# Why the ip address value is and with int 255

Hello I have a simple program to find my ip address and converting it to a String. I am unable to understand why the `b[i]` value is and with `(int)255` below.

``````public class FirstSocketProgramming {

public static void main (String arg[]){

try {

} catch (UnknownHostException e){

System.err.println

("Identity Crisis!");

System.exit(0);

}

System.out.println (b.toString());
System.out.println (b.length);

for (int i = 0; i < b.length; i++)

System.out.println ("Local = " + strAddress);

}

}
``````
-

`byte` data type is based on Two's complement binary signed number representation with a value range from -128 to +127.

Positive values from 0 to 127 have it's most significant bit equal to 0 representing `+`. Here binary representation is the same as it's numeric value, for example `byte 00000100 = int 4`

Negative values from -128 to -1 have it's most significant bit equal to 1 representing `-` However in negative range, Two's complement binary representation is NOT the same as it's numeric value, for example you would expect `byte 10000100` to be equal to `int 132`, but is actually `-124`. Simply casting a `byte` to `int` won't help.

Casting just widens 1 byte to 4 btytes, `10000100 ==> 11111111111111111111111110000100` which is equal to -124, not 132, because `int` data type is also based on Two's complement. Casting `byte` into `int` is a step in the right direction, however you also need to get rid of all these ones in front. `255&b[i]` trick achieves that.

This is what happens in `255&b[i]`:
According to conversion rules defined in the the JLS `&` bitwise operator first converts it's operands to int, which means `255&b[i]` is the same as `((int)255)&((int)b[i])`. When byte is cast to int it just gets wider:

`10000100 = byte -124 ==> 11111111111111111111111110000100 = int -124`

Then bitwise AND is performed.

``````11111111111111111111111110000100 = int -124
&
00000000000000000000000011111111 = int 255
--------------------------------
00000000000000000000000010000100 = int 132
``````

Final result is an `int 132`

-

It's converting the signed byte to an integer so that you get the full range of (unsigned) 8-bits, instead of showing a negative number for values over 127.

In Java, since bytes are signed, the max value for a byte is 127. So lets say the number is 128. In an unsigned byte this would be represented as 10000000b. However, with 2's complement negative numbers, this becomes -128. Doing 255 & b[i] coerces the value to an integer (32-bit) and zeroes out the high bits so you get 128 instead of -128.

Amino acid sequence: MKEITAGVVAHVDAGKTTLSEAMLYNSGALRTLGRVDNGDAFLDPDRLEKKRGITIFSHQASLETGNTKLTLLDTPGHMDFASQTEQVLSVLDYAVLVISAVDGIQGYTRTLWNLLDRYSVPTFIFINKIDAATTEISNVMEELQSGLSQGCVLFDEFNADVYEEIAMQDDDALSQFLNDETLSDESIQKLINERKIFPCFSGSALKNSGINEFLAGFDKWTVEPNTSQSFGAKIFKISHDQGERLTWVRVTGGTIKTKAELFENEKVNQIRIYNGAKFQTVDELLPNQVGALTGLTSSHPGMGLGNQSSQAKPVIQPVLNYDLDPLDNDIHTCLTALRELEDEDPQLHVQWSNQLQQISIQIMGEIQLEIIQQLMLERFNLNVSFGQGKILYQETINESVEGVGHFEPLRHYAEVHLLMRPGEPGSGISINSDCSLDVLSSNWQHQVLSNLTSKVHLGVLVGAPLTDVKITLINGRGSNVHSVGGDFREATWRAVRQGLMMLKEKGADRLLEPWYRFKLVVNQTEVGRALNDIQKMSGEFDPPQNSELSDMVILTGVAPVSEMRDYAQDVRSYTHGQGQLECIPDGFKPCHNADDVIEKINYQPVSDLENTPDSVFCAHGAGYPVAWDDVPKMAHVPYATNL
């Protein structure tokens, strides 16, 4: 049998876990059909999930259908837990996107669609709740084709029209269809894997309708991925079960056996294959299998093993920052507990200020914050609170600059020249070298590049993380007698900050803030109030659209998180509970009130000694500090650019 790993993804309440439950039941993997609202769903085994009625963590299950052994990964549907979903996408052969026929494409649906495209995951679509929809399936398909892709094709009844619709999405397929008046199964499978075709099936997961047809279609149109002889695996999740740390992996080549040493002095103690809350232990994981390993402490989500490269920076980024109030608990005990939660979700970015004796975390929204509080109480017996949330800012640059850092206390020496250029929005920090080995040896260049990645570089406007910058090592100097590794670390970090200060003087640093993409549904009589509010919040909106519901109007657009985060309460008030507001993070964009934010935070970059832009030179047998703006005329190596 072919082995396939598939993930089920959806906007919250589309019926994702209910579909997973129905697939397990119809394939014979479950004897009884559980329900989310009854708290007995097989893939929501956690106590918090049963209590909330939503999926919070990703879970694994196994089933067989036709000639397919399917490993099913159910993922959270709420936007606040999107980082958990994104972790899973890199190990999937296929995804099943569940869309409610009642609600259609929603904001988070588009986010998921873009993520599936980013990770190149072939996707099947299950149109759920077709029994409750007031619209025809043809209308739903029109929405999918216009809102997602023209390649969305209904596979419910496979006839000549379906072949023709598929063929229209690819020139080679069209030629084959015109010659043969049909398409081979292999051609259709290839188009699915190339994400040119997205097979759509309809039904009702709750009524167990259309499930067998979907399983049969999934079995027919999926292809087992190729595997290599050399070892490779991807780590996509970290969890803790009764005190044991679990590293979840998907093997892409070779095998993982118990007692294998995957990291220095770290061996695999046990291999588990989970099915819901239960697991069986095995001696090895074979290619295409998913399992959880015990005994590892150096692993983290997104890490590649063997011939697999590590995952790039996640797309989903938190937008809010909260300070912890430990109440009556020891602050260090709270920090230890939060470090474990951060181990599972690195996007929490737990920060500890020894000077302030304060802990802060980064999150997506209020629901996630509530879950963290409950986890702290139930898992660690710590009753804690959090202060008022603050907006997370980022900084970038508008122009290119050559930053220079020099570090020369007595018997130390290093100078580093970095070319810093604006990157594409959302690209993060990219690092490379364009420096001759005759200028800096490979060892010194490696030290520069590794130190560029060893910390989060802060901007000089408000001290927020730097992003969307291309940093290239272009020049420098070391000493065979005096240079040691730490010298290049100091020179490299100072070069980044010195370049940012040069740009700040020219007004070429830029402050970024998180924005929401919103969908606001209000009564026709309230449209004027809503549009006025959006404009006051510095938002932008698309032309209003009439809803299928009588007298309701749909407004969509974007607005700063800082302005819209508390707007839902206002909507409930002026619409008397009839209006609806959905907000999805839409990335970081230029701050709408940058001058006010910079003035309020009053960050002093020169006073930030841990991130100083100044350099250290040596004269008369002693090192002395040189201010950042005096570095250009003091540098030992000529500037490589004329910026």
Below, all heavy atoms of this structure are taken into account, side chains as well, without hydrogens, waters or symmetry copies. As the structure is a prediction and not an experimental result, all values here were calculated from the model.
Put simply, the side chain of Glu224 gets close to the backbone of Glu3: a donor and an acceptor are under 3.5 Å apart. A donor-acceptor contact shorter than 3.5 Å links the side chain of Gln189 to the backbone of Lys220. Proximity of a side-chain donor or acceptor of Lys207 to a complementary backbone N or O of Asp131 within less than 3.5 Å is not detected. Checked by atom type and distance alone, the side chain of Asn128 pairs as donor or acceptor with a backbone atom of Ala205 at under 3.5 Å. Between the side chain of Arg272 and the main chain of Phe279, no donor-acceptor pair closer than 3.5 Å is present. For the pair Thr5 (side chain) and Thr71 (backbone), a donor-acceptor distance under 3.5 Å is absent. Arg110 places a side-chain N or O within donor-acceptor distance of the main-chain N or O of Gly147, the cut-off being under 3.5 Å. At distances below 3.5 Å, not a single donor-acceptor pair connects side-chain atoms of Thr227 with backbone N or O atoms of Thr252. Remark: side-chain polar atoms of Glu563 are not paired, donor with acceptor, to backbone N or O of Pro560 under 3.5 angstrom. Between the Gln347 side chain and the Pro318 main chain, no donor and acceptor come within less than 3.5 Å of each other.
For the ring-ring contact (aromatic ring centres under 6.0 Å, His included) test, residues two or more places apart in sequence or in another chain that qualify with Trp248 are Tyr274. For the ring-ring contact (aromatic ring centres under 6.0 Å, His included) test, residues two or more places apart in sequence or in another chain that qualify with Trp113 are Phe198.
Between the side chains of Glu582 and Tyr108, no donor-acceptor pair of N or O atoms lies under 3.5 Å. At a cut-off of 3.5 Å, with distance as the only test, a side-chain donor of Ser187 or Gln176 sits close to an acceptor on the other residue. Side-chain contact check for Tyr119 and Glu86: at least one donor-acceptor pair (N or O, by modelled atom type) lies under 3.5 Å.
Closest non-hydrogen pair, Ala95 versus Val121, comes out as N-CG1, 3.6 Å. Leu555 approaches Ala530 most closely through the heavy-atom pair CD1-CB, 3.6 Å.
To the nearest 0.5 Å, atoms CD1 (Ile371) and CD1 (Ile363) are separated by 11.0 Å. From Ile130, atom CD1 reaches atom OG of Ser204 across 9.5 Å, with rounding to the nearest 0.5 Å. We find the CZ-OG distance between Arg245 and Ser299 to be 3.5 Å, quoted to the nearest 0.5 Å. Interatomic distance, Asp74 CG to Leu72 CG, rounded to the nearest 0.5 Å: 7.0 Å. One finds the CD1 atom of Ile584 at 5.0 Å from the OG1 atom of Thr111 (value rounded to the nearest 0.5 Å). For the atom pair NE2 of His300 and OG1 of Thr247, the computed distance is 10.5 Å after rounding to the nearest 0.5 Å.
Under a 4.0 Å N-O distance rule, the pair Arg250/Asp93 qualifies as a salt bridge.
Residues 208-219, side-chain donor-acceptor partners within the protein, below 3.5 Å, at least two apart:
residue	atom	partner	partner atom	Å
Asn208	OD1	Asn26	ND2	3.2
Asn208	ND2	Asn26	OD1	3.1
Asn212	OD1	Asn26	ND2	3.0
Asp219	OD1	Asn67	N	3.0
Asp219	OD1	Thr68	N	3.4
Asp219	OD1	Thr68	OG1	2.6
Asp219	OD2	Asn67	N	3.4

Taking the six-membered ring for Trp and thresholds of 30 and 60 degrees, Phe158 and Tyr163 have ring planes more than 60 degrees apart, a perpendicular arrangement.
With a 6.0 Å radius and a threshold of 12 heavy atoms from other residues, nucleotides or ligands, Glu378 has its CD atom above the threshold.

-
Good answer, but I'll have to critique your wording a little. "the full range of 8-bits" is still respected with -128 to 127 except it is shifted due to a bit acting as a sign bit. The idea is right, though. –  hexafraction Sep 25 '13 at 21:10
Explanation for the -1 please? –  Eric Andres Sep 25 '13 at 21:32
Wasn't me, I think this is valid as well. –  hexafraction Sep 25 '13 at 21:34
I figured it wasn't you. No worries. –  Eric Andres Sep 25 '13 at 21:35

The address is written as a set of bytes, from 0 to 255. Java interprets each byte as a signed one from -128 to 127. Thus, forming a string from the bytes as signed ones would be meaningless, for example `-18.14.87.-45`. This does not match the IP representation.

``````(int)255&b[i]
``````

casts `b[i]` to an `int` while widening it, thus ignoring sign and reading it as unsigned. The `(int)` is frivolous as `255` is already interpreted as something wider than 8 bits. The `0-255` value is concatenated aftwerwards. You thus get an IP like `192.168.1.200`(note that this address does not match the erronous one given before).

As a general thing doing `255&foo` (or any `2^n-1` for integer n, like 65536, or even in hex like `0xFF`) is an attempt to cast bit lengths safely.

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Well it works even if "(int)" widening is removed meaning (255&b[i]) itself is sufficient so widening is not necessary here it seems. –  dganesh2002 Sep 25 '13 at 21:28
@dganesh2002 Yet it is there, so I'm answering in its context. "The `(int)` is frivolous as `255` is already interpreted as something wider than 8 bits." –  hexafraction Sep 25 '13 at 21:28
Can the downvoter please explain the reasoning? (@dganesh2002 It was fixed) –  hexafraction Sep 25 '13 at 21:35
I wonder if the answer is good or it's becauses the Java tag. You already have 3(!) upvotes... I think it's because the Java. –  Phpdevpad Sep 25 '13 at 21:50
Why not use toString()? –  Phpdevpad Sep 25 '13 at 21:52

The ip address is logical and with the subnet_mask to find the net_id and the host_id. In the example it's the same but very unusual. The subnet_mask can be used to carve out many net_id. Read here for an example: http://www.garykessler.net/library/subnet_masks.html.

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How does this have anything to do with the specifics of the Java cast? This is just a summary of what addresses and masks can do. –  hexafraction Sep 25 '13 at 21:23
Subnet-mask is also 255. How do you know it's a cast thing? –  Phpdevpad Sep 25 '13 at 21:25
Read the use of it in context in the code. It's used here in another fashion than you describe. A subnet mask just has 255 due to its bitmask properties, here it's applied to all of the bytes. A downvote in spite isn't a real logical move either. I did not downvote you at all, if you'd notice. –  hexafraction Sep 25 '13 at 21:26
Hmm. Not sure. My answer can be true,too. It can cast to integer without the and? –  Phpdevpad Sep 25 '13 at 21:30
A byte value that is signed negative cast directly will remain negative in Java, so no. –  hexafraction Sep 25 '13 at 21:30